Ah, but absurdity can be so refreshing!  I did actually listen to both readings (it was laundry day) in part because this was one of those stories that benefited from a second listen.  The first time through, I didn't catch all the delicious weirdness.  I listened to Rajan Khanna first as I so love his rich voice, but I think that Paul Tevis's crisp, matter of fact style suited this story a little better.  When there is so much strangeness in the story, I felt the narration got grounded by the crispness of Tevis's vocal style.  Of course, this may be that I just "got" the story better the second time around...

 Tongue

Was this the shortest intro that you've done for a regular-sized story in Podcastle?  It seemed to zip by much faster than expected.

Hmm
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MacArthurBug
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« Reply #7 on: May 29, 2009, 09:46:16 PM »

Absolutly gorgous story weaving! I loved this through and through!
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« Reply #8 on: June 03, 2009, 12:43:09 PM »

I don't think I care enough about the story to listen to the alternate version, that said, I did enjoy the story, I will now wheel out the stock phrase I always seem to use for these types of stories when I like them: 'It's like early Jonathan Carroll'. My attention did start to wander a little in the middle, but the play at the end won me over.
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« Reply #9 on: June 04, 2009, 09:51:31 AM »

  I enjoyed this story when Starship Sofa ran in awhile back, but hearing another read... I don't know if I enjoyed it more this time due to the different reader, or because I have heard it before and could listen for details I missed the first time, or just because Osaka was in the car, and I knew she had not heard it before.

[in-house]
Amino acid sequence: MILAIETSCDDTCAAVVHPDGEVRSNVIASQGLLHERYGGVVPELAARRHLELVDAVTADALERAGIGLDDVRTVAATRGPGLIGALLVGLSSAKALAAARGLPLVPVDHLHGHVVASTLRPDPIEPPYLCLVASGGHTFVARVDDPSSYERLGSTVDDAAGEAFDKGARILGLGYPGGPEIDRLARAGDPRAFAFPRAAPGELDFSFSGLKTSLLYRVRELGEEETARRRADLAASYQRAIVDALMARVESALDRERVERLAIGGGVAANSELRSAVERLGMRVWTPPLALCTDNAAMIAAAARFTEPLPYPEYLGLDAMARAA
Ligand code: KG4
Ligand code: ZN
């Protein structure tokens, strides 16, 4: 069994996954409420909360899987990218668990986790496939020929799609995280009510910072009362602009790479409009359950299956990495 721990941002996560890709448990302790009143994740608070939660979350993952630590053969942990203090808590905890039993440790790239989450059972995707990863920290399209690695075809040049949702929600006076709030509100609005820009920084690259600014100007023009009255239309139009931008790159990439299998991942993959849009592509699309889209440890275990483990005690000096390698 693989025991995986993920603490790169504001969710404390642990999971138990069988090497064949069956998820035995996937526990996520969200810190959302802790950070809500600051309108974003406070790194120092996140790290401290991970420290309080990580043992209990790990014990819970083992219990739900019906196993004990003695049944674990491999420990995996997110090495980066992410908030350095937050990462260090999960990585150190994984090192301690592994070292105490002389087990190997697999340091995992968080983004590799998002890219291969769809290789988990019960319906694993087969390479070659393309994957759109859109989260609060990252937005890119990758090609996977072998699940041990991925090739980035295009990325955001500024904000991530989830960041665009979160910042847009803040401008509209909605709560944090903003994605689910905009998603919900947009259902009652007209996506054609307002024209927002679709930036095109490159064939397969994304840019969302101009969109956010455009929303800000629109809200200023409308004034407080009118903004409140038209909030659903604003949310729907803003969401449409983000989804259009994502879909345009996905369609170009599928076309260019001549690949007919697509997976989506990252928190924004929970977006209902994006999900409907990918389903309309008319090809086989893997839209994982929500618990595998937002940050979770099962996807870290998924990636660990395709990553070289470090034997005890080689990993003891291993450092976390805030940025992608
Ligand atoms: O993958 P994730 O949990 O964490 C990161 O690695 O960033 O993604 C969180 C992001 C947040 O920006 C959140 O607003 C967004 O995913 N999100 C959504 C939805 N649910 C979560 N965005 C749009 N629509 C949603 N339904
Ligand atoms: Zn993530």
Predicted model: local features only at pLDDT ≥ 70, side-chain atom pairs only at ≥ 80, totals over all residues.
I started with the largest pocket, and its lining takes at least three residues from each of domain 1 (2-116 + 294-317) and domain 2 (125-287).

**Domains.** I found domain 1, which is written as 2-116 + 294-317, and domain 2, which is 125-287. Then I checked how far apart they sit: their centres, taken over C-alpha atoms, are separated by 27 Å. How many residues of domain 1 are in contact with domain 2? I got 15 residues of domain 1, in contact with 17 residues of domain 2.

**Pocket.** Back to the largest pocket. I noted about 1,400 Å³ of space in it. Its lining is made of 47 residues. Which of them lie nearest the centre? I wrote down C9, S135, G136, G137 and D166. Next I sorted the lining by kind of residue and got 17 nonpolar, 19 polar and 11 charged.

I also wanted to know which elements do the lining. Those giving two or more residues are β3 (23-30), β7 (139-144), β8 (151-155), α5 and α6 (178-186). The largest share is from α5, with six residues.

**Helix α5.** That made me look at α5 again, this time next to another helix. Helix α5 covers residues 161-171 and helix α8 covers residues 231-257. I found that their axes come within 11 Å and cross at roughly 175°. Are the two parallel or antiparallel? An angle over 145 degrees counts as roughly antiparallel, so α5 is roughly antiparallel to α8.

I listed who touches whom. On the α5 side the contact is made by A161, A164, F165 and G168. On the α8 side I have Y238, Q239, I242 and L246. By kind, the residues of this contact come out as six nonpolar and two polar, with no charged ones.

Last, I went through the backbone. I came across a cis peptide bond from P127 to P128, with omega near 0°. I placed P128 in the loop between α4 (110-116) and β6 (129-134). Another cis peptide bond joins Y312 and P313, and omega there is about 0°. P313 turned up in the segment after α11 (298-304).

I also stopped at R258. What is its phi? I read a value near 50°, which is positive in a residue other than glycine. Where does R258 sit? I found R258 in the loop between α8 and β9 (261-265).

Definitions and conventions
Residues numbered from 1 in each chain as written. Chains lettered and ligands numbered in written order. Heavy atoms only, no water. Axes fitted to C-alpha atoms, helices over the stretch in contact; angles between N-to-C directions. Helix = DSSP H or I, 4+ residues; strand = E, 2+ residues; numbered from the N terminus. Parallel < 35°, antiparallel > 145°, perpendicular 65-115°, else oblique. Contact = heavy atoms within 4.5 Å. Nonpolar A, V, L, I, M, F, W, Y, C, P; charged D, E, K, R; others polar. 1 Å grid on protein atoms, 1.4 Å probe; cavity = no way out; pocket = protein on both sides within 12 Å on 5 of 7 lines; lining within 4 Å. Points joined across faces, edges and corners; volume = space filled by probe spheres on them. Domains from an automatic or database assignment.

I want a Colonel Pudding toy of some sort now, a plush, a figure, I don't care. I just want a parrot with a doll head; like some creation escaped from Sid's bedroom.
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LadyIndigo
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« Reply #10 on: June 10, 2009, 08:15:37 PM »

This didn't do anything for me.  I feel like it was weirdly preachy, not that I know exactly what it was preaching, but it kept building towards this weird "and they all learn a lesson" place that made me lose interest.  The surrealist images in the beginning were fantastic, and I would have loved more like that, maybe just a worldbuilding piece about the Wind itself.
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Anarkey
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« Reply #11 on: June 20, 2009, 05:07:12 PM »

I always think, in the first three paragraphs of a Jeffrey Ford story that I'm not going to like it.  I'm always impatient and a little eye-rolly about either the premise or the setting or the characters.  And I think it's a measure of his genius that every single story wins me over in the end.  He does something so right that I always overcome my initial misgivings.  So much so that I may have to stop having them.
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« Reply #12 on: December 15, 2009, 04:51:56 PM »

This was a really cool premise, and although the beginning was a bit info-dumpy, the details were interesting enough that it kept me going.  And the fact that people were disappointed when the wind didn't show up was an interesting point.

In the end, I would've liked a story that was really grounded in a character.  Sure, there was a narrator who was telling things, but it was never clear who they were other than an average citizen who chooses to put on the can-of-beans mask.  The play at the end was fun, but it wasn't clear to me if Colonel Pudding told them the truth of the situation, or if that was just their own imaginations finally developing now that the Wind was not imagining for them.  The ending left me with the same question.  Was he supposed to be dreaming or is something actually happening here?